Most significantly the Bishop of the Arlington Diocese, John R. Keating along with Monsignor William Reinecke both witnessed the weeping Madonnas. On March 2, 1992 Father Hamilton and Father Bruse met with Bishop Keating at the Chancery along with Monsignor William Reinecke. Both prelates had Madonna statues. Bishop Keating had two in his office and Monsignor Reinecke brought one of his own. In addition, Fr Bruse, had brought his little Fatima statue with him. All the statues wept. Reportedly, this convinced Bishop Keating that the weeping is a genuine phenomenon and should be so treated.
Within days of the CBS news report, the story of the weeping statues and the priest experiencing the stigmata would become a worldwide media sensation. The Washington Post and a throng of other national and international news organizations descended onto the community to report and investigate the miraculous occurrences. To this day, the spontaneous media frenzy that engulfed the unexplained events stands as a singular moment in television history in the coverage of mystical religious phenomena.
Then suddenly, the Chancery Office to the diocese of Arlington, headed by Monsignor Reinecke, concerned about the “circus atmosphere” at the Lake Ridge parish and with the blessing of the Bishop, John R. Keating coldly shut everything down. The statues of the Madonna, mind you, continued to weep, at times profusely, but as far as the diocese of Arlington and the Catholic Church were concerned the matter was officially over.
The Chancery stated its position regarding the miraculous events in a formal declaration to the Pastor of SEAS, Father Hamilton. In a nutshell, the declaration said that since there was no overt divine message being delivered, there was nothing to investigate and the parish and the clergy from that point forward were forbidden to talk about the events. This decision, to many parishioners was not only profoundly sad but seemed to be an odd determination since only physical phenomena can be investigated. Reports of apparitions and locutions cannot be investigated. They can merely be assessed as to whether they are consistent with Catholic faith and morals.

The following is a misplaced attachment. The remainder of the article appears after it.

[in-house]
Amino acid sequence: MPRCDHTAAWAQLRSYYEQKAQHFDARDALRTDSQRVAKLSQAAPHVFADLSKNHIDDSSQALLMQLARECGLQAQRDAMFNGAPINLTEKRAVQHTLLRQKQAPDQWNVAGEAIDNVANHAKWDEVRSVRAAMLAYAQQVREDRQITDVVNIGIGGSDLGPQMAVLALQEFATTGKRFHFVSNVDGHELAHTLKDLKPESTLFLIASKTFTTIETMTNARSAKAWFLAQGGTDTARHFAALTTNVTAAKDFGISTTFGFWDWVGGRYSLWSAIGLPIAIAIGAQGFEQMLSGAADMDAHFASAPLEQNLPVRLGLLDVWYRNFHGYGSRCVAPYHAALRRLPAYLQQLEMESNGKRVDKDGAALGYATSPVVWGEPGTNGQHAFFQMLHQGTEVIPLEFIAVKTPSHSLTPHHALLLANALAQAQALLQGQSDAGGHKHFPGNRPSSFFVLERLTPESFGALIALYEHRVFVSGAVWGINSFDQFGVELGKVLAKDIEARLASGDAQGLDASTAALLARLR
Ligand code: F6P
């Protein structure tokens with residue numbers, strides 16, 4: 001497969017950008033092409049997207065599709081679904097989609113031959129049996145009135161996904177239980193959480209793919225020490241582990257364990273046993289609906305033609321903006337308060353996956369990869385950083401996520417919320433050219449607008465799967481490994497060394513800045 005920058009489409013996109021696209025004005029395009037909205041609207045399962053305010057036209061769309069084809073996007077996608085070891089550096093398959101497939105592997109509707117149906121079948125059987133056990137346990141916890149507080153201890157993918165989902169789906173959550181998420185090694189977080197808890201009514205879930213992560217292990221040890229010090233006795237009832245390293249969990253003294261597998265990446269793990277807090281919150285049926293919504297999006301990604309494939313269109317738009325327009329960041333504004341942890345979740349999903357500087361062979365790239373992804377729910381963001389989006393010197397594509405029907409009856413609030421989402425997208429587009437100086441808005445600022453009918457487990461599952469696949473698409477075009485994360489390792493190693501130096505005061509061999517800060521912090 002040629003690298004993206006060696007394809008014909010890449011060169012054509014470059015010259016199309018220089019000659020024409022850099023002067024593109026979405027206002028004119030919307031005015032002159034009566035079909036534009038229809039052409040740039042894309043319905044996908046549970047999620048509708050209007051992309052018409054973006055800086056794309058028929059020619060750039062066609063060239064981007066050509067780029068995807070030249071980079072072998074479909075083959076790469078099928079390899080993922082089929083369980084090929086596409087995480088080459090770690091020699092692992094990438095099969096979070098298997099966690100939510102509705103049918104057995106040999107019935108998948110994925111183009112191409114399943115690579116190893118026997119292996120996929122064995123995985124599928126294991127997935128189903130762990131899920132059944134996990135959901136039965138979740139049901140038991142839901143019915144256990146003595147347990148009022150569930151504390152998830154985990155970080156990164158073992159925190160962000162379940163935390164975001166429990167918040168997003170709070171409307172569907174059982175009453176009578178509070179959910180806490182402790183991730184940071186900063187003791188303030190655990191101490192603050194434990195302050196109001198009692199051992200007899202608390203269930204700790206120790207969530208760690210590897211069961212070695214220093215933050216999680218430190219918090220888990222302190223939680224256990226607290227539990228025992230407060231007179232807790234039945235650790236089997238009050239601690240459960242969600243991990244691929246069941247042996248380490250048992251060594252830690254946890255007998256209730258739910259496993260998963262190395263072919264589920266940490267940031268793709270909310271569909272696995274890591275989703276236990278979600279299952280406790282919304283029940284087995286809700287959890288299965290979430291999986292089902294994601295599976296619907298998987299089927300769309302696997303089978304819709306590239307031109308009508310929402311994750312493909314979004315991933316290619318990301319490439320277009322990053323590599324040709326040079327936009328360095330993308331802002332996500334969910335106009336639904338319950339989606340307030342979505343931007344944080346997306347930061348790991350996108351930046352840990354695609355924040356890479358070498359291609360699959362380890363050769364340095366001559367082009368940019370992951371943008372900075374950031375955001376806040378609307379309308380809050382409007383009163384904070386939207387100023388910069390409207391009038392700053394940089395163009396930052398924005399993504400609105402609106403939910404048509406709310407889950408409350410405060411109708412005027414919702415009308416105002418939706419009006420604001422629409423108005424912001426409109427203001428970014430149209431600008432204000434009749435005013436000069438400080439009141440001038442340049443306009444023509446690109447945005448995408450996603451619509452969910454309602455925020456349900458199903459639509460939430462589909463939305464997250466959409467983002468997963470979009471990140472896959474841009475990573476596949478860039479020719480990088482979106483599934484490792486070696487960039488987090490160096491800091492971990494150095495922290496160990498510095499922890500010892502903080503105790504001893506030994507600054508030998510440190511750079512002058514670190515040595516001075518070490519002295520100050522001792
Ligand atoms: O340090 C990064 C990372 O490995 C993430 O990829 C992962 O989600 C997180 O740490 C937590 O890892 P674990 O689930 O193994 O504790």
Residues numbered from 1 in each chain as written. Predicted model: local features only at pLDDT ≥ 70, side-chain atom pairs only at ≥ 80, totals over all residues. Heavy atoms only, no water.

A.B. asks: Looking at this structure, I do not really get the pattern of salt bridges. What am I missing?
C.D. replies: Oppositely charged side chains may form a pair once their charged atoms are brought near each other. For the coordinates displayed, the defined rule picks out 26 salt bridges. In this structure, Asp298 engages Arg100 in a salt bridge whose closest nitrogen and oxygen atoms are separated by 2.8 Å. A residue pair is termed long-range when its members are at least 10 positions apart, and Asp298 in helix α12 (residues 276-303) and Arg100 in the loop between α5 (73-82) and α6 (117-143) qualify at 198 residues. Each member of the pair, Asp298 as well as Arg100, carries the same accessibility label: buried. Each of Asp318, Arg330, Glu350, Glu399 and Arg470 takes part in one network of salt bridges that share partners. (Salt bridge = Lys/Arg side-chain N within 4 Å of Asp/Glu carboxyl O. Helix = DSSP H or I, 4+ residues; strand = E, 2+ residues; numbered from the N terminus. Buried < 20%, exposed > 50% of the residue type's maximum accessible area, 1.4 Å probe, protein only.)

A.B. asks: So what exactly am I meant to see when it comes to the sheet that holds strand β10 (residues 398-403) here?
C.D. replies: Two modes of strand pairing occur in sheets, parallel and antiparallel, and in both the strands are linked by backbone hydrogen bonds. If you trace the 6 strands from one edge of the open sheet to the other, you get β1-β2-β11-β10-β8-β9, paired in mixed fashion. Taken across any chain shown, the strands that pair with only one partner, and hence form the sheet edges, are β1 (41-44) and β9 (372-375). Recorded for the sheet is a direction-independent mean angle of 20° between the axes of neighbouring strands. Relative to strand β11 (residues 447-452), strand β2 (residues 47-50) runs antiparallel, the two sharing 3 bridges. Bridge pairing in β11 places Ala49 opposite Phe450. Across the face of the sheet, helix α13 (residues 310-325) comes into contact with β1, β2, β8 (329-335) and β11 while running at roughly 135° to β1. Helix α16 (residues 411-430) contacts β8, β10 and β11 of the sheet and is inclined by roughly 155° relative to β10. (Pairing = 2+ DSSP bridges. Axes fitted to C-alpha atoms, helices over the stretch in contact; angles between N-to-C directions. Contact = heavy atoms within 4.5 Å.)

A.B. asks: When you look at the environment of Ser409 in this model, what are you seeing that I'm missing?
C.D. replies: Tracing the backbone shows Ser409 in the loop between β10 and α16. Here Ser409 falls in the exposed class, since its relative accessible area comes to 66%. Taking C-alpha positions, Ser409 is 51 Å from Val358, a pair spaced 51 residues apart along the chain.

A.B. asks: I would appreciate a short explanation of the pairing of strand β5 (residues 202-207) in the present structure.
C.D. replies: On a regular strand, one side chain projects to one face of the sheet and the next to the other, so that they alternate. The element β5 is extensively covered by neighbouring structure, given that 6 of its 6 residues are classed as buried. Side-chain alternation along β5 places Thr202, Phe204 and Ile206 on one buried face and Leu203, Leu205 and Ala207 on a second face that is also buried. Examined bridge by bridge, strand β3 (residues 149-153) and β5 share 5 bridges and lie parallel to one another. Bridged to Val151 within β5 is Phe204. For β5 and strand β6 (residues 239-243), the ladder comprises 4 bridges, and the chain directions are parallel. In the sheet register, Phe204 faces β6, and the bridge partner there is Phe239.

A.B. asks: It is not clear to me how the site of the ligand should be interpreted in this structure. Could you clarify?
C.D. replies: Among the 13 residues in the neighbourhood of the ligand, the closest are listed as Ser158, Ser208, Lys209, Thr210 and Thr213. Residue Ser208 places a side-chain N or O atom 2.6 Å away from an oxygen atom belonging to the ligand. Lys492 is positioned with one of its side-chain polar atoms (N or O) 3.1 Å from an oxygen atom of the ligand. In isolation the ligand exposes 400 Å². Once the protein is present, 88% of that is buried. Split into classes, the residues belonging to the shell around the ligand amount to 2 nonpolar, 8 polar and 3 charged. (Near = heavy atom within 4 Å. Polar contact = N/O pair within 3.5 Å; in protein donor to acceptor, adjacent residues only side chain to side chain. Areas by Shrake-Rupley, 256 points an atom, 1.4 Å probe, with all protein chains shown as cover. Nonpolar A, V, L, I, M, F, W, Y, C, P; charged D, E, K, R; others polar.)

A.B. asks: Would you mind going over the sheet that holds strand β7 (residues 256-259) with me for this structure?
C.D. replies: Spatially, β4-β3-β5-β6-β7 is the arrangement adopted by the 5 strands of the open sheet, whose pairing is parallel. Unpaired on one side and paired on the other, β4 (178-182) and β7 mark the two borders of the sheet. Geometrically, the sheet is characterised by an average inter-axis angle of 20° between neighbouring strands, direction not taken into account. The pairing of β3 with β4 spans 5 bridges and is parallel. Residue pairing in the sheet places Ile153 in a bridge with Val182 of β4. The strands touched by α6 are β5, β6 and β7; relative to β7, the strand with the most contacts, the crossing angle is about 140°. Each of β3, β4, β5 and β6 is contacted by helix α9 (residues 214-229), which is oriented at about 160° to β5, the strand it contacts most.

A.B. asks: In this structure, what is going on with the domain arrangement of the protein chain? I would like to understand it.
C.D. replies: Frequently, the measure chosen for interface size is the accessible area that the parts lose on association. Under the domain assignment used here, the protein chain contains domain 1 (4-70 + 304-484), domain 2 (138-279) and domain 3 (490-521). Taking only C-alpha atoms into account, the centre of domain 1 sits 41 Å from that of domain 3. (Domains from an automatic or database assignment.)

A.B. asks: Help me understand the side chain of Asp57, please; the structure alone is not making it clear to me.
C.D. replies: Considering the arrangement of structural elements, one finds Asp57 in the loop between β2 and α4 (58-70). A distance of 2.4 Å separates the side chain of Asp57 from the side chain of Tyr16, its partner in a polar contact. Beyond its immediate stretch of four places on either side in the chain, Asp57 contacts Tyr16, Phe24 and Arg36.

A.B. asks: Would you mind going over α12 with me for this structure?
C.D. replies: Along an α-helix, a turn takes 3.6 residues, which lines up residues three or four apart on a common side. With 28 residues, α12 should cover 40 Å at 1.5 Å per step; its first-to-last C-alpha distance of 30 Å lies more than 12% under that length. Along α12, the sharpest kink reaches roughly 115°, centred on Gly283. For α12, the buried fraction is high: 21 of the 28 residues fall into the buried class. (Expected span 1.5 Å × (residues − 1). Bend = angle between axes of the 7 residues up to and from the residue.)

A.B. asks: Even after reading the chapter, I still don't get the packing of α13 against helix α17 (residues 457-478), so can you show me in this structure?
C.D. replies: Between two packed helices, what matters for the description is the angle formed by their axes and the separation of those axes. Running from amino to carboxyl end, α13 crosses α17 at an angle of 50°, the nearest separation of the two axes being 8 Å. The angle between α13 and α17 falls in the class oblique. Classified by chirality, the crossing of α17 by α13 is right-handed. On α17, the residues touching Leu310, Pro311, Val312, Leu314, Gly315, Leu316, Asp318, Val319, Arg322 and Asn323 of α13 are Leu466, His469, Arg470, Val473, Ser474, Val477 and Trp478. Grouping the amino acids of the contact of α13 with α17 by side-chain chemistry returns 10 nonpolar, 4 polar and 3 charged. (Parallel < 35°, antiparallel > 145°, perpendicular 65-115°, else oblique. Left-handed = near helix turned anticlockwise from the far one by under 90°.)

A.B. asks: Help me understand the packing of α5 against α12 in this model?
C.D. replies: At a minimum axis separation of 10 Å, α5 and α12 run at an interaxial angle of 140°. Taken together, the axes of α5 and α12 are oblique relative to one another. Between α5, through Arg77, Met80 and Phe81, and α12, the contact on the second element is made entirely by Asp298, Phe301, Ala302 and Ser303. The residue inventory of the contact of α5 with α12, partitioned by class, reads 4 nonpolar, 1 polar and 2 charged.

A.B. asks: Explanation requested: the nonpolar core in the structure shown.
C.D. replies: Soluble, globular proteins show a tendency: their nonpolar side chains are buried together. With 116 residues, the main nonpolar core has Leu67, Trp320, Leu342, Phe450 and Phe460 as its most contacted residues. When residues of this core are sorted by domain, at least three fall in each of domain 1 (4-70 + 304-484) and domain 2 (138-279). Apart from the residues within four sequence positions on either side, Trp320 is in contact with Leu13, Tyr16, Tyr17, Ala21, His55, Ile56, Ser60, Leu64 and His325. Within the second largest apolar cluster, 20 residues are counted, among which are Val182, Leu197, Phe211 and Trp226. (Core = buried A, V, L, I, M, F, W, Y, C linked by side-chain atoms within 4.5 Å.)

The Scandal and The Smoke of Satan
Within months of dismissing the tears of Our Lady and silencing the talk of the highly publicized miraculous events, Monsignor William Reinecke, would again make newspaper headlines – this time by committing suicide in the cornfield by the monastery.
After the suicide, at first, shocked priests, parishioners,and friends searched for answers. Many blamed themselves for failing to see Monsignor’s Reinecke quiet despair.
But soon after the suicide a startling report surfaced in the Washington Post. Joe McDonald, a former altar boy from another parish, claimed that Father Reinecke sexually molested him twenty-five years ago and said he had confronted the priest about the incident two days before Reinecke killed himself.
Then another bombshell. After reporting the allegations of sexual molestation, The Washington Post revealed that William Reinecke was also, scandalously, the person in charge of investigating claims of pedophilia for the Arlington Diocese.
On August 30, 1992, after being rebuffed by the diocese of Arlington to discuss Reinecke’s death, Joe McDonald contacted the Washington Post and told his story of his sexual abuse by Father Reinecke. Then, according the Post, Bishop John R. Keating, after reading the story in the newspaper, sought out Mr. McDonald to discuss the matter. In the meeting with the Bishop’s representatives he asked the diocese to establish support groups for victims and priests, but Mr. McDonald said no “concrete proposals” came out of his meeting and was upset that they asked him to “stop speaking out”.
Five months earlier Bishop Keating and Monsignor Reinecke had also asked the parishioners of St. Elizabeth Ann Seton to stop speaking and the diocese has rebuffed all inquires to investigate the mysterious events of the weeping Madonnas for nearly twenty years.